The antimicrobial stewardship program (ASP) was critical in the development and implementation of hospital treatment protocols for COVID-19. The program was able to coordinate efforts between ID, pharmacy, critical care, and the medical services to ensure our inpatients and outpatients had access to available COVID therapies, especially those under EUA. Of note, we were able to rapidly implement outpatient monoclonal antibody therapies for our community, providing over 1600 patients with access to this therapy, thus preventing hundreds of hospitalizations. As new therapies become available, the ASP continues to educate and implement policies to ensure these are available for our patients and community.
Collaboration with the RI Department of Health
The Division worked closely with the Department of Health to help guide COVID-19 response efforts. Dr. Philip A Chan, MD, MS serves as one of the consultant Medical Directors of the Rhode Island Department of Health and continues to provide infectious diseases expertise on various aspects of the statewide response. The Division participated in a weekly Infectious Diseases Education and Advisory Committee meeting hosted by the Department of Health where topics related to COVID-19 were discussed.
The Division prioritized COVID-19 related research including inpatient and outpatient treatment trials. The ID division was heavily involved in numerous clinical trials of COVID-19 therapies, including remdesivir, convalescent plasma, and monoclonal antibodies. Faculty and fellows of the Division are actively investigating COVID-19 clinical outcomes among immunocompromised patients including persons with HIV and persons who have undergone solid-organ transplantation, co-morbidities that predispose to poor clinical outcomes, and the disproportionate impact of COVID-19 among populations of color, particularly among Hispanics in RI. The Division is still heavily involved in adaptive trials to provide our patients with an opportunity to receive the most up-to-date treatments available.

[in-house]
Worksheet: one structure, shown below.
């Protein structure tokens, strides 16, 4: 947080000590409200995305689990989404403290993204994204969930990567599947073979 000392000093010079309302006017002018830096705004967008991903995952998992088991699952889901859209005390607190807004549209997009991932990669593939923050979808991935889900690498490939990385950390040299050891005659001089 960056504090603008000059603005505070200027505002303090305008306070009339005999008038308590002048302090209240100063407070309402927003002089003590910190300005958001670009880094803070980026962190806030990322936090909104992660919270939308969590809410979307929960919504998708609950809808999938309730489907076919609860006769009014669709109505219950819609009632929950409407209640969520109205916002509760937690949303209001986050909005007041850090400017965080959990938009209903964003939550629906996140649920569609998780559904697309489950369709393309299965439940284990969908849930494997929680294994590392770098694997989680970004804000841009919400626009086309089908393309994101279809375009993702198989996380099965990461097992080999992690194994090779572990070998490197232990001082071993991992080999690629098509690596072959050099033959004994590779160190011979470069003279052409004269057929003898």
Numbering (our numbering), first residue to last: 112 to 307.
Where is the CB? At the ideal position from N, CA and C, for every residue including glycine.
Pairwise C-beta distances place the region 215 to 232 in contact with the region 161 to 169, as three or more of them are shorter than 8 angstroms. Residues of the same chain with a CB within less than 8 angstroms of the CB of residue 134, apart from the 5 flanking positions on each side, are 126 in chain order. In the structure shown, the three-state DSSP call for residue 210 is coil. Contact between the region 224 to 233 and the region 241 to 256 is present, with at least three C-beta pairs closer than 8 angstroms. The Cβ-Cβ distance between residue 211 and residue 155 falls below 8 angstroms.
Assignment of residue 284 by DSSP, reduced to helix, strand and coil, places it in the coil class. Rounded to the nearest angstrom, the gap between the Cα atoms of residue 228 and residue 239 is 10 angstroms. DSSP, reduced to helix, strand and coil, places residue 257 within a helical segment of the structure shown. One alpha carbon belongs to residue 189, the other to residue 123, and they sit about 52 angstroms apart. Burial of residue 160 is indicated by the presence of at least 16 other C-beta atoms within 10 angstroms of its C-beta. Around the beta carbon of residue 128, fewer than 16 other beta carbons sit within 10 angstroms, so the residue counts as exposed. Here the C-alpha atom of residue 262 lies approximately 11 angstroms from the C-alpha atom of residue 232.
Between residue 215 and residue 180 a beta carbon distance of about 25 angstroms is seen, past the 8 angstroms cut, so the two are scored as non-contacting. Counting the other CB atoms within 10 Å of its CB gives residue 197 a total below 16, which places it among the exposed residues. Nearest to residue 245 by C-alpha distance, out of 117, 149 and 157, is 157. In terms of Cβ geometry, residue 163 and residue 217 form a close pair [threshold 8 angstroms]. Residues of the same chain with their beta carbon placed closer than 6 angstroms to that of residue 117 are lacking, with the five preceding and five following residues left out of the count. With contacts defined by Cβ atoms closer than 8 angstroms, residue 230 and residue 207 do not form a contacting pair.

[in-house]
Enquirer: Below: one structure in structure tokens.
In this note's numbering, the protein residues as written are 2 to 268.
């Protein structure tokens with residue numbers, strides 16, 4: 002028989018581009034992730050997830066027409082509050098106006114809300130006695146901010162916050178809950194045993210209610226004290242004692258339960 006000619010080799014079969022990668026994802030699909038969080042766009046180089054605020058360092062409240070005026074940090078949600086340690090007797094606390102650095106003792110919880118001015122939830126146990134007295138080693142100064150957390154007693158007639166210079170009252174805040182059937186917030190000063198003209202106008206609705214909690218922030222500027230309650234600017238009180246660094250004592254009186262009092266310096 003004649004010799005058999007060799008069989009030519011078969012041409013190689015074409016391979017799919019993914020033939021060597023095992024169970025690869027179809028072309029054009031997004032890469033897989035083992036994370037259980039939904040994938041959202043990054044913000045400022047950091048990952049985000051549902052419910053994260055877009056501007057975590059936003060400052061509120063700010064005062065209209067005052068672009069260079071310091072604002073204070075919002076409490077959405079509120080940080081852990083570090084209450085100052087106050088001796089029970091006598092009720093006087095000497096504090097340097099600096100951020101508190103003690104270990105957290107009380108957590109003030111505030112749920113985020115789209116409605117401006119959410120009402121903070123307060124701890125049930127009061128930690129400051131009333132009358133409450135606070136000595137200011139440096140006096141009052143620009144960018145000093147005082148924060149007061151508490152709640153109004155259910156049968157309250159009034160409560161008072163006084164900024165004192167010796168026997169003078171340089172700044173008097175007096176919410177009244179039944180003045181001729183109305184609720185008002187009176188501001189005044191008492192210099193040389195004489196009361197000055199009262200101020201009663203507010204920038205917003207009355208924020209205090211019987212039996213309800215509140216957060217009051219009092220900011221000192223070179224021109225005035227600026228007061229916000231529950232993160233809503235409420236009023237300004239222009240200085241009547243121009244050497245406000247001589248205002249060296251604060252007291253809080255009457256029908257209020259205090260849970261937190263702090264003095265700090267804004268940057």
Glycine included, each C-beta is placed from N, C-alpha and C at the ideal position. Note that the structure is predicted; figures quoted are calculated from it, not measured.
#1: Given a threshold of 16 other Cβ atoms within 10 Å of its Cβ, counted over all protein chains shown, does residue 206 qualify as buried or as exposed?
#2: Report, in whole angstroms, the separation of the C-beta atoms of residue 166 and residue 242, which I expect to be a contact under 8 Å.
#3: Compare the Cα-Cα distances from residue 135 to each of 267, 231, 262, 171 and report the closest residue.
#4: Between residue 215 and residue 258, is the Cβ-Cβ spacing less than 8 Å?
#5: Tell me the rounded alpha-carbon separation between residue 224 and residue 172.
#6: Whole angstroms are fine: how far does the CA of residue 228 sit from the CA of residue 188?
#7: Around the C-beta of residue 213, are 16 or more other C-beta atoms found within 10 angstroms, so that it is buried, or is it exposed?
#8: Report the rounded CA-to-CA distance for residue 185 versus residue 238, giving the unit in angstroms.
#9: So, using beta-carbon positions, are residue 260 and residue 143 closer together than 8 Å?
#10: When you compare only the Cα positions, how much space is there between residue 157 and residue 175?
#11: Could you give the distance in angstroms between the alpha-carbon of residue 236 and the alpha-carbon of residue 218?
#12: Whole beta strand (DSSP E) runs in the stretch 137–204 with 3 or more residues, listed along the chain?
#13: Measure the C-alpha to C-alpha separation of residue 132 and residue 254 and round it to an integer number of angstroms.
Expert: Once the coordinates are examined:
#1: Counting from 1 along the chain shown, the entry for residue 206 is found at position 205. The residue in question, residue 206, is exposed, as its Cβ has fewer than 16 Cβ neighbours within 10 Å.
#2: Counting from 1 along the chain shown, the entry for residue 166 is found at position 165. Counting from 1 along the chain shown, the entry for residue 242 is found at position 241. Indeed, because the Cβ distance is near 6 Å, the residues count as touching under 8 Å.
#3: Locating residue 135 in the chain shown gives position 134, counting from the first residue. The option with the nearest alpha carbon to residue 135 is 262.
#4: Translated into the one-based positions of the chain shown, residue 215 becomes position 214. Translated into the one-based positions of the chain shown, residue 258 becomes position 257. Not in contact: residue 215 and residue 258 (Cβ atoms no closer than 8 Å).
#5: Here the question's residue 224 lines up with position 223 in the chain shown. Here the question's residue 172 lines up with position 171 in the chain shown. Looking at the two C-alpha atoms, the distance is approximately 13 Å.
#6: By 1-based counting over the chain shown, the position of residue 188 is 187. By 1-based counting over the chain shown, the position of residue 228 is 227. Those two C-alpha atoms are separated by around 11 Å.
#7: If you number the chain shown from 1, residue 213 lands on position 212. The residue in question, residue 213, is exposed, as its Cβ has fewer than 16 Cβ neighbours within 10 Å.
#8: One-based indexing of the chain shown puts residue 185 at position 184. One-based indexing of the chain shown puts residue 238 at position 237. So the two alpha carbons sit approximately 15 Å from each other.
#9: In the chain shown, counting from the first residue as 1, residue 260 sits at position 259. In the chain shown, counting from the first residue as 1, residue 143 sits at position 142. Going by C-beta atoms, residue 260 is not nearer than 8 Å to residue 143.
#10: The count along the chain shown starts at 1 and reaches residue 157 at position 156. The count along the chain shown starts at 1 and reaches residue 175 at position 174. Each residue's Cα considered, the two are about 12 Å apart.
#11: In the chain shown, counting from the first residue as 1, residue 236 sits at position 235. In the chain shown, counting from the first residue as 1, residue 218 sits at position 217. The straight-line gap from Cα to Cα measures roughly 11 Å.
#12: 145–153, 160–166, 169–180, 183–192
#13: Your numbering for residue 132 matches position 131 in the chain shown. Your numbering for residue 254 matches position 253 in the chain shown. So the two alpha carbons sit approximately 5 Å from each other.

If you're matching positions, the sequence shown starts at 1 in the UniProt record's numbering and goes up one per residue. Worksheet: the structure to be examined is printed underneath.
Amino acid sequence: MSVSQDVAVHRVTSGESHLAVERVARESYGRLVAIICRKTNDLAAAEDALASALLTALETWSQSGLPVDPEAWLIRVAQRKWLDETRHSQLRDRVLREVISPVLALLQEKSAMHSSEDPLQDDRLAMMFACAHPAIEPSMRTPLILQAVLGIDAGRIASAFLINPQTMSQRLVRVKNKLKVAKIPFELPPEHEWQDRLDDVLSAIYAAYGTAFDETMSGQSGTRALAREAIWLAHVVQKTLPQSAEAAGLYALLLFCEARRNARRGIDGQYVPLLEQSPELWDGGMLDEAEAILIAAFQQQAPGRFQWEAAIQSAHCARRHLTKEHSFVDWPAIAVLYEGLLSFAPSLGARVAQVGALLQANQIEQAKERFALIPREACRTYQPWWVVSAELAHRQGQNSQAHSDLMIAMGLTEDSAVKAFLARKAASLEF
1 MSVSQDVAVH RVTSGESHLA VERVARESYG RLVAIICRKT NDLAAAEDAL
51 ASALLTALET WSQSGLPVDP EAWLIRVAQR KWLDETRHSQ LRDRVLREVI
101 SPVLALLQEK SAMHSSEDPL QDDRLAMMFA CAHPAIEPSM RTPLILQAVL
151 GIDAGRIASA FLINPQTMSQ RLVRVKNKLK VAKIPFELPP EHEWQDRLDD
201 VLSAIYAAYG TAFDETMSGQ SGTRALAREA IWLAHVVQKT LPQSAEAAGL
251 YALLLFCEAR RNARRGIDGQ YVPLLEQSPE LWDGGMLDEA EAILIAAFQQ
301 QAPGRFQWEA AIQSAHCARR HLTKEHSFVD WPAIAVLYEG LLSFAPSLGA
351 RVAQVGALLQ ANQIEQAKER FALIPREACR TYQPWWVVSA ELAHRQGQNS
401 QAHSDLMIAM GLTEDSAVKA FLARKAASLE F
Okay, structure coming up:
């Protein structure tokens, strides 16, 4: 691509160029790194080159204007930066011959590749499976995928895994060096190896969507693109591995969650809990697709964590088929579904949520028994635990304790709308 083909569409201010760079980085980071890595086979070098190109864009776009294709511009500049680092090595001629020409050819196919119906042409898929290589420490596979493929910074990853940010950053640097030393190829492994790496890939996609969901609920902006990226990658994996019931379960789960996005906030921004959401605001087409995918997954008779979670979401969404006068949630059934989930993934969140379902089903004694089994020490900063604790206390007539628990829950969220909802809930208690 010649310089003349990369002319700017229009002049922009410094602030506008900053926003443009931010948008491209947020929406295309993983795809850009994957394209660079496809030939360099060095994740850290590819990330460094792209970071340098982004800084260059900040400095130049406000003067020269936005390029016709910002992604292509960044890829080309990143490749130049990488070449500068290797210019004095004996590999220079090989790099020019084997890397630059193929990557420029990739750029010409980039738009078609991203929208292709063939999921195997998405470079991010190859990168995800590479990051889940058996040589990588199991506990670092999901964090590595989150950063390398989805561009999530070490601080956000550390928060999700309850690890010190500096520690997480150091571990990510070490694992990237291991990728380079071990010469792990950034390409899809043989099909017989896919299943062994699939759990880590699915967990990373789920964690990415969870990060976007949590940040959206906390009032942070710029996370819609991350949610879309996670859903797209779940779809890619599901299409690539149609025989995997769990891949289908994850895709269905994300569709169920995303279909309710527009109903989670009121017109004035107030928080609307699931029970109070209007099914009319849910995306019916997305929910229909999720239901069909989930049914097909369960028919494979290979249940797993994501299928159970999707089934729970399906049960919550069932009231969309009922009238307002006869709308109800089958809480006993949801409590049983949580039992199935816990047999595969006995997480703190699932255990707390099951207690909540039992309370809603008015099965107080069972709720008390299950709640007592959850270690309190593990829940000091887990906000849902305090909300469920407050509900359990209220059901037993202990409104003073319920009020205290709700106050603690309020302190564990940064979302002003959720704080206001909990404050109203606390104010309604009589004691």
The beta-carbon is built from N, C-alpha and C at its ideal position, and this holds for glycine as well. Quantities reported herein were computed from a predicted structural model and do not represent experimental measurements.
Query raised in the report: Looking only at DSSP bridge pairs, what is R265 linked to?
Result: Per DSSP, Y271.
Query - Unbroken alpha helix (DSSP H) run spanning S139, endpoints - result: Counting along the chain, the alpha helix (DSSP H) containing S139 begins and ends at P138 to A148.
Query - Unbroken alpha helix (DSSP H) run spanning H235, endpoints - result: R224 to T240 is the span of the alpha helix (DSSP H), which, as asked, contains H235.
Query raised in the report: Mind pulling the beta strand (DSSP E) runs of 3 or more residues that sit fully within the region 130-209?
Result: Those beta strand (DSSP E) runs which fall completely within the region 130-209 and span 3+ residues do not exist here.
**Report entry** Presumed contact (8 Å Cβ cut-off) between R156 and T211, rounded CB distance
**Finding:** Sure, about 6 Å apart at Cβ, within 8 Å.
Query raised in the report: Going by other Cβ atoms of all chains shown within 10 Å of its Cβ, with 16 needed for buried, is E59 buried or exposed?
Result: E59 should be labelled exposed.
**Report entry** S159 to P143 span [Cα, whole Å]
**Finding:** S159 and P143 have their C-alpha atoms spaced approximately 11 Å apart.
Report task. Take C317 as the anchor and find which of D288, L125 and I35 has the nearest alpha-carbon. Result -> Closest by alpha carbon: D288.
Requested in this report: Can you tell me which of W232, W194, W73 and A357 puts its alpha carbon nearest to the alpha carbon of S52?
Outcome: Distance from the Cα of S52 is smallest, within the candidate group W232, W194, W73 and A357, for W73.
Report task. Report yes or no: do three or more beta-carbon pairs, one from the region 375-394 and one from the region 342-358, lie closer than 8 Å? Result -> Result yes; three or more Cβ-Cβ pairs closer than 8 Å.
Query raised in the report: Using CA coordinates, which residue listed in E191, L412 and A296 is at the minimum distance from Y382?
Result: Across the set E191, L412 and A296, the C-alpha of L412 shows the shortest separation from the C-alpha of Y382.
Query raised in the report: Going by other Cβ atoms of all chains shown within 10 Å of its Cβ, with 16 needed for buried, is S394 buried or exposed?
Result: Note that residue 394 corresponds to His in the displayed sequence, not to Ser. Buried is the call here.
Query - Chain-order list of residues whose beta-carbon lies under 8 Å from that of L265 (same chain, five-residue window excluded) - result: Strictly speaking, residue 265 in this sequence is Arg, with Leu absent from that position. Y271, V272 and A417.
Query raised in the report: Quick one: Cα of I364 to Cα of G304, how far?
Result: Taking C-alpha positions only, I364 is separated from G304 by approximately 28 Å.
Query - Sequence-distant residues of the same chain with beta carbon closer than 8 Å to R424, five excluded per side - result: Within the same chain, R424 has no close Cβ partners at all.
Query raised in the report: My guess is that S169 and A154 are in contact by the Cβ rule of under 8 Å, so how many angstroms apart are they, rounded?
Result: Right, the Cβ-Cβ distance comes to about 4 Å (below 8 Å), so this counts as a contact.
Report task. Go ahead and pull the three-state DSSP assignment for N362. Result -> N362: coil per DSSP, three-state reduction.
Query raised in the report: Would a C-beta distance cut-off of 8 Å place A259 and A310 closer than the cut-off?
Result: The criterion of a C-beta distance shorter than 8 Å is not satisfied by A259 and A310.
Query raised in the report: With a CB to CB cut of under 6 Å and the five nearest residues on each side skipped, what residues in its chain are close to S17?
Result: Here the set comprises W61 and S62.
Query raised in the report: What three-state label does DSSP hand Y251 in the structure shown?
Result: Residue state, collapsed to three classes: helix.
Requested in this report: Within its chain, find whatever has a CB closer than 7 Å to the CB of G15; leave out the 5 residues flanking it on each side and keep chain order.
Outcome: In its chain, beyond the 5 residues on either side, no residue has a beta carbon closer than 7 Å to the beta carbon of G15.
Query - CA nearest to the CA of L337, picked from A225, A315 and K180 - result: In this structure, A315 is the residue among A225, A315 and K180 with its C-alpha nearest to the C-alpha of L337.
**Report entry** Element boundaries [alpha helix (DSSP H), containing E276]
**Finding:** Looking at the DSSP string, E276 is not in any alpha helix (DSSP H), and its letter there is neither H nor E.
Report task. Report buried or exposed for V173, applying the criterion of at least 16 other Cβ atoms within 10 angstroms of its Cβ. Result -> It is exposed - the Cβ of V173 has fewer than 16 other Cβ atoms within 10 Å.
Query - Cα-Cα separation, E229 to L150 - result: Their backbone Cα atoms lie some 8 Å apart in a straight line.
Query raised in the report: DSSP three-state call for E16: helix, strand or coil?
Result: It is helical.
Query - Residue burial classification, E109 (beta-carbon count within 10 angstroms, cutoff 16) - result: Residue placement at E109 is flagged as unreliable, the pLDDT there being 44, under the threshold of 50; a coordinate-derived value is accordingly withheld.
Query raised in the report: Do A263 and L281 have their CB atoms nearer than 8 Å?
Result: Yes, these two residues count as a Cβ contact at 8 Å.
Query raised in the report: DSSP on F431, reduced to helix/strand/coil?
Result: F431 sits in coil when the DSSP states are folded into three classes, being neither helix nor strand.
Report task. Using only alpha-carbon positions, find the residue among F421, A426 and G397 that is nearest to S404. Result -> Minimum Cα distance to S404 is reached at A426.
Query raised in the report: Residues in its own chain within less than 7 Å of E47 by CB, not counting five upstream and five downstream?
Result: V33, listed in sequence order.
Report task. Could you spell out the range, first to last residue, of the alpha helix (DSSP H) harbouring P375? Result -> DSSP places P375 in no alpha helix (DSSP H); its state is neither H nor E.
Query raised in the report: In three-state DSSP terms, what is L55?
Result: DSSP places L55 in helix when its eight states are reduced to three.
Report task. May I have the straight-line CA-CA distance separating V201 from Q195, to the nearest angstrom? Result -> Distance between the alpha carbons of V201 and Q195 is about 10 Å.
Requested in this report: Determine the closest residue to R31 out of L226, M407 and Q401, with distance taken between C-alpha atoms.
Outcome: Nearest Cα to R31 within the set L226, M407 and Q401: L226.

Community Advocacy During COVID-19
The Division worked hard during the COVID-19 pandemic to ensure the diverse RI community had access to treatment, prevention, and education about COVID-19 infection. Dr. Katrina Byrd, Combined Med/Peds ID Fellow and President of the Brown Minority Housestaff Association has engaged faculty and trainees to participate in statewide COVID-19 vaccination events. She has worked closely with communities of color by providing education at local churches, through social media, and radio and television media to provide information about COVID-19 and vaccines. She has worked with the Providence NAACP, African American Ambassadors Group, and African Alliance of Rhode Island. Recently, she coordinated medical volunteers for the state’s Mass COVID-19 Vaccination Events that was focused on increasing vaccination rates in BIPOC communities in RI. Her advocacy for COVID-19 vaccines with churches gained local and national media coverage and she received recognition by the U.S. Surgeon General, Vice Admiral Vivek Murthy, MD, MBA. Dr. Martha Sanchez, Assistant Professor of Medicine, worked with RI Department of Health to develop an educational series of videos in Spanish for local community workers at several stages of the pandemic providing information regarding COVID-19 and vaccines. Dr. Sanchez, along with Dr. Touzard-Romo, Assistant Professor of Medicine, Dr. Karen Tashima, Professor of Medicine, and former ID fellow Dr. Raul Macias-Gil, participated in COVID-19 educational interviews in Spanish with Telemundo, social media outlets, local radio stations, and churches.